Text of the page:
There’s a similar thing in Ghost Dog: whenever Ghost Dog goes into action, you do a double-image of him to heightens things. And it’s kind of like having an out-of-body experience, all those lap dissolves in the film. Again, something you’d never done before.
Yeah, it’s something I hadn’t done before. And that was Jay Rabinowitz. When I was talking about the musical nature of Ghost Dog—for me all images start with their musical quality—he said, Can I play with some dissolves, even though you like those hard cuts. And I was like, “Yes let’s be open to this and see if it works with the internal feeling of the film and the contact and the character.” And when he started trying a few things here and there I felt they were appropriate.
But you didn’t feel that something like that would be useful in this film?
Yeah, there are no fades, no dissolves—I wanted hard cuts. I wanted to find out how you can make things trippy without playing with the cliché of images melting into one another. Here I was adamant from the beginning. So what can we do by hard cuts and make them musical, poetic, fluid. And we kept that. We wanted to see if we could make things liquid without those actually liquid devices. It was an intuition thing more than “I know that this is what the film wants.”
I have the sense that in this film you’ve gone further in the direction of working from and being led by your unconscious—by setting up a situation where you didn’t have the usual comfort zones to rely on. Working fast with no script in a country where you don’t speak the language, working with a cameraman you don’t have an established routine with.
I wanted very badly to sort of break something—maybe it’s like breaking the idea of a frame I’m always looking through, that the frame could now be rubber, conceptually. I’d think of how I want to translate a scene from my imagination to the screen, and thought maybe I’m too rigid. I’ve always believed that limitations are a strength in a way. Which is why I maybe fell back on the hard-cuts, thinking, Let’s impose something that will make us stronger somehow. And for this film I needed to not have, first of all, a fully fleshed out script.
But you’re absolutely right, that the whole thing was wanting to break something in myself to tap into this intuition, which I’ve been trying to use all along. I’ve always been non-analytical in my films. I’ve always put things in the film without analyzing why. Or what do they mean? Or what am I trying to say? They drew me or pulled me towards them. So this time I wanted to do that even more. And so the structure of making a film and a production based on only 25 pages, ensured that there’s no other way to make it. You’re going to have to follow your instincts. And once you’ve got the cast, the money, the crew, and the locations: the train has left the station. And I had a really good feeling when the train had left the station, though I didn’t have a map of where it was going really. Or a map with only line drawing, sketched outlines. It was a very liberating thing. I can’t analyze if we’re successful but we felt like we were successful in following that instinctual strategy. We were happy to be on the boat that had left the shore and we were gone, you know. So, using the boat metaphor, what’s the weather going to do?, what’s the wind feel like?, should we go in this direction?: we wanted to feel those things. So if a southerly wind came that pushed us north, then that’s the wind that came, you know. Trying to be open to those things, but also being ready to act, ready to follow your intuition without laboring over it. For example, picking the four paintings in the museum—I wanted Spanish painters, paintings that moved me somehow, and paintings that related to the story—but I picked them very fast. There were so many Cubist paintings, and I would say that one is speaking to me.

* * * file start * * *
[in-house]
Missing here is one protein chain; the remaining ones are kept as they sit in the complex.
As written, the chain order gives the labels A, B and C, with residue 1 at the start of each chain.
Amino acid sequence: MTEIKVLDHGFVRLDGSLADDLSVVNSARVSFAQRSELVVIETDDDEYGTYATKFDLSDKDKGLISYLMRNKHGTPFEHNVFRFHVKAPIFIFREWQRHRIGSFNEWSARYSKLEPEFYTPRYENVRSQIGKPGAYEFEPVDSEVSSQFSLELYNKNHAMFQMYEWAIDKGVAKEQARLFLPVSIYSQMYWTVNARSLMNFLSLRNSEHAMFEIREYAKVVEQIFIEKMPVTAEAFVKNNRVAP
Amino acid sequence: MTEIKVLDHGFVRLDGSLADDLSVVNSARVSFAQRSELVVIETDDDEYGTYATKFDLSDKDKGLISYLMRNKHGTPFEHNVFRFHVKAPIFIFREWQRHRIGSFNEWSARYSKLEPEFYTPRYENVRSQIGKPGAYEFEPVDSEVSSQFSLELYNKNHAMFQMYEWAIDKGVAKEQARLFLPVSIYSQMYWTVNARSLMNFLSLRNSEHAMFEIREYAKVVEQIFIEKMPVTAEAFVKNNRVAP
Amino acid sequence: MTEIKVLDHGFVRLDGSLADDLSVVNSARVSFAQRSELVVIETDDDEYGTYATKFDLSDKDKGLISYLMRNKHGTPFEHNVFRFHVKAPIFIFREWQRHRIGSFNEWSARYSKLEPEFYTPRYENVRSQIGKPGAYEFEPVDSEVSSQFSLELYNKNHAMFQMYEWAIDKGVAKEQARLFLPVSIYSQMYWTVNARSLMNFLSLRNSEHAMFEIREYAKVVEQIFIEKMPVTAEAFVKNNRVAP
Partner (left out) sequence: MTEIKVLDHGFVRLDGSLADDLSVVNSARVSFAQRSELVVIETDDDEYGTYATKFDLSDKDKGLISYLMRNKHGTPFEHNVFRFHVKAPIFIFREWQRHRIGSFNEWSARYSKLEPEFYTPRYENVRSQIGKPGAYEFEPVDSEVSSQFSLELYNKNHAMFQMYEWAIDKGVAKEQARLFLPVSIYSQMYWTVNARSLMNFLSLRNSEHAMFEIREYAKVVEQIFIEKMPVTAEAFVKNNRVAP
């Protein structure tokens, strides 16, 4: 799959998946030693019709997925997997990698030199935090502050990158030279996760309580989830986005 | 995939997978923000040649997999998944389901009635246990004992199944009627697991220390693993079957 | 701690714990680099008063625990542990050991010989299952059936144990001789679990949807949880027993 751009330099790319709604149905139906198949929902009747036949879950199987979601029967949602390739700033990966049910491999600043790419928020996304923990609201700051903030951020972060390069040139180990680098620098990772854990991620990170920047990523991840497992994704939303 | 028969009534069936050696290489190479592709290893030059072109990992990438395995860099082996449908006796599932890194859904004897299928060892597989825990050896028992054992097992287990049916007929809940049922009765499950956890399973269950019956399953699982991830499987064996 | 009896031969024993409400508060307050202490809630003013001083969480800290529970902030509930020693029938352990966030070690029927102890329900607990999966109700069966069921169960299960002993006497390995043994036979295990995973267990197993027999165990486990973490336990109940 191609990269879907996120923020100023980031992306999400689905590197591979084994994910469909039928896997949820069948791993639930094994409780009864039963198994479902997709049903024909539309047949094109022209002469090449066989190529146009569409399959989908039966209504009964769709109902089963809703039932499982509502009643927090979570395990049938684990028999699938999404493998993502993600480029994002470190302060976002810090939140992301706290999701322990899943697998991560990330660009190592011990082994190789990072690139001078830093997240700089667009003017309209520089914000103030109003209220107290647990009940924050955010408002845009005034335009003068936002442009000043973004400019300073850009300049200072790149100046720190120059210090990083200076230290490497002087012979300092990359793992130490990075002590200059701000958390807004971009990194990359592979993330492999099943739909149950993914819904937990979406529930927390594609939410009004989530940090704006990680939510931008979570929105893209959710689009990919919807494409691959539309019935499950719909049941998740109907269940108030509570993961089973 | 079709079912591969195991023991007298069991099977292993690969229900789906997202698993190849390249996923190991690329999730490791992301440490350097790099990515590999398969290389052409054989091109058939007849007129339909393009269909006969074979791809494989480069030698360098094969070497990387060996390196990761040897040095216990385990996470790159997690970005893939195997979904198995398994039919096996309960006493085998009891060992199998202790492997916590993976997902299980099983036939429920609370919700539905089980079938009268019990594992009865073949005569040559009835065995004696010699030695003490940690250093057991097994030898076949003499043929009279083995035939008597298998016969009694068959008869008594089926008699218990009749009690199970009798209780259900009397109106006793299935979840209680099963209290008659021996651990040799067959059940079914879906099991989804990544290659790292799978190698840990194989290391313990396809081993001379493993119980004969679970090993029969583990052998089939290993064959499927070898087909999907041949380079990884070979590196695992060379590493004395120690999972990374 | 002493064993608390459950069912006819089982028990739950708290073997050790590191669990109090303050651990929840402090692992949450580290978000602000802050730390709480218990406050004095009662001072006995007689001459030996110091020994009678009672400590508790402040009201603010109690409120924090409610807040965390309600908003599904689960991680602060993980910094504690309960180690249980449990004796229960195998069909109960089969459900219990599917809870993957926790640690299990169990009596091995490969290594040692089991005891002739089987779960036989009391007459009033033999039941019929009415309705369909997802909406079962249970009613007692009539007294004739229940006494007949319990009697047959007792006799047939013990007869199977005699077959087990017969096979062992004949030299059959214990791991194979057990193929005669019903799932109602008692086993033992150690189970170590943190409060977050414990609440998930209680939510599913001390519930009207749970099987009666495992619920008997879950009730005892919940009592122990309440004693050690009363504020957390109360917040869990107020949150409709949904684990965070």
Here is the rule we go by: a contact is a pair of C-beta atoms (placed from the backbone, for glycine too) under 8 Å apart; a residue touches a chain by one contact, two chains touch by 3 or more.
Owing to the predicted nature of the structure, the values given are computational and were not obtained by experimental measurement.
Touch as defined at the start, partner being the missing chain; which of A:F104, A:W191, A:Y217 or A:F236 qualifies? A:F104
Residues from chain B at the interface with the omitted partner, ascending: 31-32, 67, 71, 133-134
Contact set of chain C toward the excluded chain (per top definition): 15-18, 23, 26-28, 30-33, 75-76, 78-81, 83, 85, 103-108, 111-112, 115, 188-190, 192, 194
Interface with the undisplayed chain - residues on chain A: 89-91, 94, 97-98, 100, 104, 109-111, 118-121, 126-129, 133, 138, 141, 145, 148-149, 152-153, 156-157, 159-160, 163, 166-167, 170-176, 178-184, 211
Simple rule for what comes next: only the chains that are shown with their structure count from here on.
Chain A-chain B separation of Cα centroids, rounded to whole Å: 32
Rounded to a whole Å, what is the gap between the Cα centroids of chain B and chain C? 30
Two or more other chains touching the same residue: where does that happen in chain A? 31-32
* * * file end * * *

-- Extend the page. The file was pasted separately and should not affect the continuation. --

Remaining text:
But doing things fast guarantees that your unconscious will be operative, because there’s no time for you to think.
Yes, time nurtures analysis. Not having time nurtures spontaneity. I’ve always tried to be open and react on the set, and remove myself from things like shot lists. Just another way to push me out in the rowboat without a map. I mean, we did have a map, we did have a structure: structure and form are very interesting to me.
You know where you were going in a loose way.
Here’s a good example for me. Luis Tosar talks about musical instruments and their molecular structure. Tilda Swinton talks about cinema. Youki Kudoh talks about molecular reconfiguration and things possible in science, because we can imagine them. John Hurt talks about the origins of Bohemians and the word “bohemian”—which is kind of a funny thing for me personally because my grandfather was Bohemian, but not in the beret-wearing, bongo-playing sense. Gael talks about hallucinogenic drugs, reflections, your perception of reality and how your consciousness can be altered by things like peyote. And then Bill Murray talks about how your mind is polluted by movies, music, science, Bohemians, and hallucinogenic drugs.